Quebec is slowly reopening but the possibility of loosening more COVID-19 health restrictions will depend on how the next few weeks play out, according to the province’s interim public health director.
Dr. Luc Boileau explained that while pandemic-related hospitalizations and cases are starting to drop, that could change as businesses welcome patrons again and people host private indoor gatherings.
“The health system is fragile and we have to protect it,” he told reporters at a news conference Wednesday.
Boileau said the outlook remains mostly positive, but added that easing more health measures is something that must be done carefully.
The number of infections, and ultimately hospitalizations, are likely to rise again with children going back to school and the softening of restrictions, according to Boileau. What unfolds between now and Feb. 23 will largely determine what happens next.
“We really certainly hope that we will not have to get back (to restrictions) in any way, but there’s a risk,” he said.
Quebecers are urged to remain vigilant in the meantime. Boileau also encouraged people to wear a mask, get vaccinated and minimize contacts.
“It depends on the population and if they want to participate,” he said.
Hospitalizations are down, but not among children
The Institut national d’excellence en santé et en services sociaux (INESSS), the province’s national health-care research institute, reports the number of new hospitalizations dropped by nearly 25 per cent in the last week of January among most age groups — except it remained stable among children and teens.
There has also been a “slight increase” when it comes to emergency room admissions for kids under the age of 12 who test positive for the virus. Health officials explained that it is because community transmission of COVID-19 has been high during the surge of infections fuelled by the Omicron variant.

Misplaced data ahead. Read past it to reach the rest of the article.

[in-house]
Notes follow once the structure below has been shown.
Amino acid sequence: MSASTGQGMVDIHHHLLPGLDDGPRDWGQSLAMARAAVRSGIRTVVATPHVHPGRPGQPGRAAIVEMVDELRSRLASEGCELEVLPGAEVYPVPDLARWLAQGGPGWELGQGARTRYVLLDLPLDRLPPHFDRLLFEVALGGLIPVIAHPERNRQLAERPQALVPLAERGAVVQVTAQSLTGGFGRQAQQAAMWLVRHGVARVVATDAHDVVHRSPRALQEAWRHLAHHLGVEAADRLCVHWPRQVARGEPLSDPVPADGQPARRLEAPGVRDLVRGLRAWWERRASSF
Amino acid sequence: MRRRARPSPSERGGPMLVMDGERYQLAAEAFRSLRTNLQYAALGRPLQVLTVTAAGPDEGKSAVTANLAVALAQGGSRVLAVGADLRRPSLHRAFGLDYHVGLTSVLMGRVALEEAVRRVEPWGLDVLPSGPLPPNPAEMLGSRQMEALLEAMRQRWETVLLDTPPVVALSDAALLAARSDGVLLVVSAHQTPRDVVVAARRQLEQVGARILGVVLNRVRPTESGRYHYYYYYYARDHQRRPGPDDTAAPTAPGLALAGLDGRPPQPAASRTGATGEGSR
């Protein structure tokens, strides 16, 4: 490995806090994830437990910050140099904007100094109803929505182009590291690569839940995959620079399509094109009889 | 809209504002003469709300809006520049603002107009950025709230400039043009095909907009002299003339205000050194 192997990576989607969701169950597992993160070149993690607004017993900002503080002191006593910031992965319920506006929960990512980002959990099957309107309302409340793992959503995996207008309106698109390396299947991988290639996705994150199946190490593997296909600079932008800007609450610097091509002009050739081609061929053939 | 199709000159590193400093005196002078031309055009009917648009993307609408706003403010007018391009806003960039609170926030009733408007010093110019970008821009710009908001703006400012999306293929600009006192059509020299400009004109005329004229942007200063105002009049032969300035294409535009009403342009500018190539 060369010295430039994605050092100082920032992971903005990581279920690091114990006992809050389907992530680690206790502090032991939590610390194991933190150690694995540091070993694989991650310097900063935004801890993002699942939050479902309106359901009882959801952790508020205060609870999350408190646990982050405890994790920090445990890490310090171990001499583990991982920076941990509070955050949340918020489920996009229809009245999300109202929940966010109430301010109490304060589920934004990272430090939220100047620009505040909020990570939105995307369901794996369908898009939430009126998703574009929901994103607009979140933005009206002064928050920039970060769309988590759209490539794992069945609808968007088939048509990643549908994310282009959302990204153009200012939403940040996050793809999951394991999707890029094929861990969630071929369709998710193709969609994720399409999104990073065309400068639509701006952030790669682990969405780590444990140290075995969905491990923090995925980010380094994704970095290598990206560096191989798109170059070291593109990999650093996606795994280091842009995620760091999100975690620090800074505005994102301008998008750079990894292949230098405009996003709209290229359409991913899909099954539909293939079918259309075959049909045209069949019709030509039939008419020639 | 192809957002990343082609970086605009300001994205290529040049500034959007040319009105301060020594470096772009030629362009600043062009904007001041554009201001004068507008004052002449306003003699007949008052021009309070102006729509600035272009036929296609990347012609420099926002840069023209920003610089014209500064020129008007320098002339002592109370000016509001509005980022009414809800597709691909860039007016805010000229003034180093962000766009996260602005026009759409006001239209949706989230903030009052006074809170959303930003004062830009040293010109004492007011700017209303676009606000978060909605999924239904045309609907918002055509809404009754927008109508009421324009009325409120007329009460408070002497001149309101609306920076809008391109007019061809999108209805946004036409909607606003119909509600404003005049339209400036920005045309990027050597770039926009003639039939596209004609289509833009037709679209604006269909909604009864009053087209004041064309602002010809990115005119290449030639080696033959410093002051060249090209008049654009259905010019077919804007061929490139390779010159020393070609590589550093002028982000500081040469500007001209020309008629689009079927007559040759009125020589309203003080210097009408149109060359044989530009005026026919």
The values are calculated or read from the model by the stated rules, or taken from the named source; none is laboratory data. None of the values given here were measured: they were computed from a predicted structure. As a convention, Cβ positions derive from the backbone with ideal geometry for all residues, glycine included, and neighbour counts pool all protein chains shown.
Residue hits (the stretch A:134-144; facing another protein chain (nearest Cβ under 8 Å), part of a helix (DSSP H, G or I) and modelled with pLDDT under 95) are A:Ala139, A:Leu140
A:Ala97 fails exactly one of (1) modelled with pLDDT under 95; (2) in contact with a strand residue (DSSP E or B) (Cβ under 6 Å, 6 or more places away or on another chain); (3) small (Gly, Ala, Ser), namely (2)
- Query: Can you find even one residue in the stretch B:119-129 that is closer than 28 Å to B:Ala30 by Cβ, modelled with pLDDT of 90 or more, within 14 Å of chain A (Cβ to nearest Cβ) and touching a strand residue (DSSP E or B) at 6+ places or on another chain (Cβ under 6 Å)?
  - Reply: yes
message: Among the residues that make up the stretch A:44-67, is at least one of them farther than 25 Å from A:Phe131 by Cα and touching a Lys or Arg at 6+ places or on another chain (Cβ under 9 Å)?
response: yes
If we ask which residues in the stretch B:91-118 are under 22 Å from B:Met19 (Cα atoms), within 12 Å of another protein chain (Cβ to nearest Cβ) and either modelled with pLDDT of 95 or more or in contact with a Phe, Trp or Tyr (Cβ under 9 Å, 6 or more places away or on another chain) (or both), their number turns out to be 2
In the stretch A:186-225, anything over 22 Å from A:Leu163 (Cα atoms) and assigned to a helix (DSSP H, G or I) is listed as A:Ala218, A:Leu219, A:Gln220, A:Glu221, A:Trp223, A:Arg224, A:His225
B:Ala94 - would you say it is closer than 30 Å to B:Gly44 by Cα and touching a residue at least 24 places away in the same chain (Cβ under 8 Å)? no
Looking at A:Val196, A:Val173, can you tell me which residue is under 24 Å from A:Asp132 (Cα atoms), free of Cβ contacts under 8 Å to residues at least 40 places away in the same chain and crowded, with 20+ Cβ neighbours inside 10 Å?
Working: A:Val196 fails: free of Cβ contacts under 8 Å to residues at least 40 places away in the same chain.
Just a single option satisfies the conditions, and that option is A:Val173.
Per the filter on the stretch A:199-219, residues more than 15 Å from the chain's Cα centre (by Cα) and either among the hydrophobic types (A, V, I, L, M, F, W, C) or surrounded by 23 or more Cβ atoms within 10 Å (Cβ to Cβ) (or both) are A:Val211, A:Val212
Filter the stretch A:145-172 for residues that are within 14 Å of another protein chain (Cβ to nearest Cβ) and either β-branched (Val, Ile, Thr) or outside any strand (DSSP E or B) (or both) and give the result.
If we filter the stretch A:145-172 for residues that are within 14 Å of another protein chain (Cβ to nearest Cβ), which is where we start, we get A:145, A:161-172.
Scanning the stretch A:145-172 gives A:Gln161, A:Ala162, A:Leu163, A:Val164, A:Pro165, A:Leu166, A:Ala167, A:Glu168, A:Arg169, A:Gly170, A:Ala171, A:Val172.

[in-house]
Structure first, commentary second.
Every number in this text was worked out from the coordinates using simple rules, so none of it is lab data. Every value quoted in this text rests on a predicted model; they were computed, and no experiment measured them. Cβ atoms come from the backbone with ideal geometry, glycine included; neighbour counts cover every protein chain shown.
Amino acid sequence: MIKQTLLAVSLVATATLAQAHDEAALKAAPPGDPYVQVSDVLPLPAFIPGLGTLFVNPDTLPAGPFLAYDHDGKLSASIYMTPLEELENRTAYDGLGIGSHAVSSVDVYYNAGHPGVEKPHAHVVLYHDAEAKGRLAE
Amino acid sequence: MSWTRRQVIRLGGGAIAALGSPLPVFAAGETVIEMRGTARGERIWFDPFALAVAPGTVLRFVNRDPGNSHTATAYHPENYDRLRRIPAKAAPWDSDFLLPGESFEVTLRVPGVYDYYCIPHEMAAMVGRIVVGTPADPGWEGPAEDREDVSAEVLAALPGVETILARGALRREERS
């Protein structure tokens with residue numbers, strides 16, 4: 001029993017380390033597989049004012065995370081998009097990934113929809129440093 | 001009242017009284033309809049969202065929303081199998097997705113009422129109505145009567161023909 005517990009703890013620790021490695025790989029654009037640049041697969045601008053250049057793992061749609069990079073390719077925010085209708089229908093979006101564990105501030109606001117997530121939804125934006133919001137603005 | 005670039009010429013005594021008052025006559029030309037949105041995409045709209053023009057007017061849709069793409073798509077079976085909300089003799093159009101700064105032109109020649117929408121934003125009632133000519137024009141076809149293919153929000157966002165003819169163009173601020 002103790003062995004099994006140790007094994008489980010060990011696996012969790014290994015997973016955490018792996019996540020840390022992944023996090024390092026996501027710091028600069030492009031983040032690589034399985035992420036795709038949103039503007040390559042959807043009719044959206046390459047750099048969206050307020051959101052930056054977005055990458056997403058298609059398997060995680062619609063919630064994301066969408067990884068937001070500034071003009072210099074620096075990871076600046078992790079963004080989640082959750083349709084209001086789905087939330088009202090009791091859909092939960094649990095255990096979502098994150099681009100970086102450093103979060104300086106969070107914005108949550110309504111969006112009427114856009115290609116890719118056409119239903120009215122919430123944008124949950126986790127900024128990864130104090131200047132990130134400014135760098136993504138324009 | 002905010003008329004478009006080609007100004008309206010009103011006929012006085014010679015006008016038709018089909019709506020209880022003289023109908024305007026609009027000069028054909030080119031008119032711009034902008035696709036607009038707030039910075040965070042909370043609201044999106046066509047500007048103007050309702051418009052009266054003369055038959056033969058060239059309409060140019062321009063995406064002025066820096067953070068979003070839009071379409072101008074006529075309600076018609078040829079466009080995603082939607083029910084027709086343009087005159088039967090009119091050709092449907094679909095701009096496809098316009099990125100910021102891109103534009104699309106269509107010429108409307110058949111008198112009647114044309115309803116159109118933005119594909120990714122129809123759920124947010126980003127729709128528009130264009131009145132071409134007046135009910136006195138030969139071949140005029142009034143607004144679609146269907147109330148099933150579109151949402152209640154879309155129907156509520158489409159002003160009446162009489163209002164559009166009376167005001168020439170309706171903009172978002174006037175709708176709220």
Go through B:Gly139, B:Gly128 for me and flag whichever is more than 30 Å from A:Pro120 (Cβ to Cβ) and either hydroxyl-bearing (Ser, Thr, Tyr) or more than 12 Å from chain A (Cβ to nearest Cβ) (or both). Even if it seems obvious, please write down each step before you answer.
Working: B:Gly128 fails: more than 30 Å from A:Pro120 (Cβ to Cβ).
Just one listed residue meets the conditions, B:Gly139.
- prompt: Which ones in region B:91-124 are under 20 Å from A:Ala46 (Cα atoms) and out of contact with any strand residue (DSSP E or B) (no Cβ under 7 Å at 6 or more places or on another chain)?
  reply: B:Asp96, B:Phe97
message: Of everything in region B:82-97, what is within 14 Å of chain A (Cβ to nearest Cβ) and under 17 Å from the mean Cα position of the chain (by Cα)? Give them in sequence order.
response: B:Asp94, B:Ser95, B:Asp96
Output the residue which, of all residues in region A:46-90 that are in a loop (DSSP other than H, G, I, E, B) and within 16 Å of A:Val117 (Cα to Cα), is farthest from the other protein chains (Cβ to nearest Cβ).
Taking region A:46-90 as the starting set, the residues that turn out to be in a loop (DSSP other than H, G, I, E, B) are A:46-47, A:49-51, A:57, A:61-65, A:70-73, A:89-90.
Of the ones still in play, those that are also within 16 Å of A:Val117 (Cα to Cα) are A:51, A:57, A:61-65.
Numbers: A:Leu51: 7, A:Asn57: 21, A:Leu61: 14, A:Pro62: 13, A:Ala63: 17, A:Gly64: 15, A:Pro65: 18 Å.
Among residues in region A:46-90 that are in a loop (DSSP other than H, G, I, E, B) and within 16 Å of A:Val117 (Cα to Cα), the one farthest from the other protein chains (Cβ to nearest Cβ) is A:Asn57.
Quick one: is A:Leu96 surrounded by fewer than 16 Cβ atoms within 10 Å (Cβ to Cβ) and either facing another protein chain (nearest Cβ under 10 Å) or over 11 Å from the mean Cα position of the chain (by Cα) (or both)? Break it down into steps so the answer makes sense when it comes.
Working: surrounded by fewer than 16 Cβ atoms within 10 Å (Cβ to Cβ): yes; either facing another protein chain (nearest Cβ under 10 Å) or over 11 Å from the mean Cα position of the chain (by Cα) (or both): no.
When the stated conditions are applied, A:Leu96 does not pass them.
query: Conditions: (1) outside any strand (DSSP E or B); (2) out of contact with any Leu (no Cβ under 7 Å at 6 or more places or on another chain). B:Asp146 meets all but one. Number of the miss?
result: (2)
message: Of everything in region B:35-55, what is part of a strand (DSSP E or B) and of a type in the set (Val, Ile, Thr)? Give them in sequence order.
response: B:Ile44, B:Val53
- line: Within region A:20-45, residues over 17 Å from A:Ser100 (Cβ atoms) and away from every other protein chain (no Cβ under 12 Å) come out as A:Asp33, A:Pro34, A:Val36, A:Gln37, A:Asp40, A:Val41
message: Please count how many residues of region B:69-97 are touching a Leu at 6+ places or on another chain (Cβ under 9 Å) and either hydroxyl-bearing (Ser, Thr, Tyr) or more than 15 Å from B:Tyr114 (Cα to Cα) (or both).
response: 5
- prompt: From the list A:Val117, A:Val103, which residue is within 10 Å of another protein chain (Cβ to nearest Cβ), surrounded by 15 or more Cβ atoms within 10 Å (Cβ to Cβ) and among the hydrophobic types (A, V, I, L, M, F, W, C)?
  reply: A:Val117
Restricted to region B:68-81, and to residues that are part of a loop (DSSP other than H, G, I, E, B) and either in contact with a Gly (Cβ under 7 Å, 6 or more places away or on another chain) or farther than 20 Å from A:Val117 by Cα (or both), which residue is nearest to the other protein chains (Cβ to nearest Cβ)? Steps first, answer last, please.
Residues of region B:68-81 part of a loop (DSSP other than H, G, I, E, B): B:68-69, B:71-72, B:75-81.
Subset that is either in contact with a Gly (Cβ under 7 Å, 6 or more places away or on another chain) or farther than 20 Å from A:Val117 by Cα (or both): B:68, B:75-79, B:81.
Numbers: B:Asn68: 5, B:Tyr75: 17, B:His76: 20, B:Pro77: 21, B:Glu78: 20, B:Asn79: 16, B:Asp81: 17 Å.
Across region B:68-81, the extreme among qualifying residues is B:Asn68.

Michèle de Guise, the interim president of INESSS, also said infections are being detected among pediatric patients who show up to emergency departments for other reasons.
“They aren’t necessarily sick from COVID. They could come to the ER for appendicitis or fracture or anything that brings them to the hospital,” she said.
“As there is a lot of transmission in the community, we will see this transmission in the emergency rooms.”
When it comes to hospitalizations, the INESSS’ latest projection issued Wednesday says the number of patients should continue to slowly drop over the next two weeks. The modelling suggests about 1,800 regular hospital beds will be used for patients with COVID-19 while 170 people will be in intensive care units.
Meanwhile, the province’s public health institute also projects a fall in hospital numbers in the coming weeks, but that could change as Quebec continues to reopen. As health measures are lifted, the Institut de santé publique du Québec (INSPQ) says there could be an increase in infections, deaths and hospitalizations by the end of February.
“In the near future, there is still an anticipated decline (in cases),” Dr. Erik Litvak of INSPQ said. “In the coming weeks, there is more uncertainty.”
— with files from Global News’ Gloria Henriquez and The Canadian Press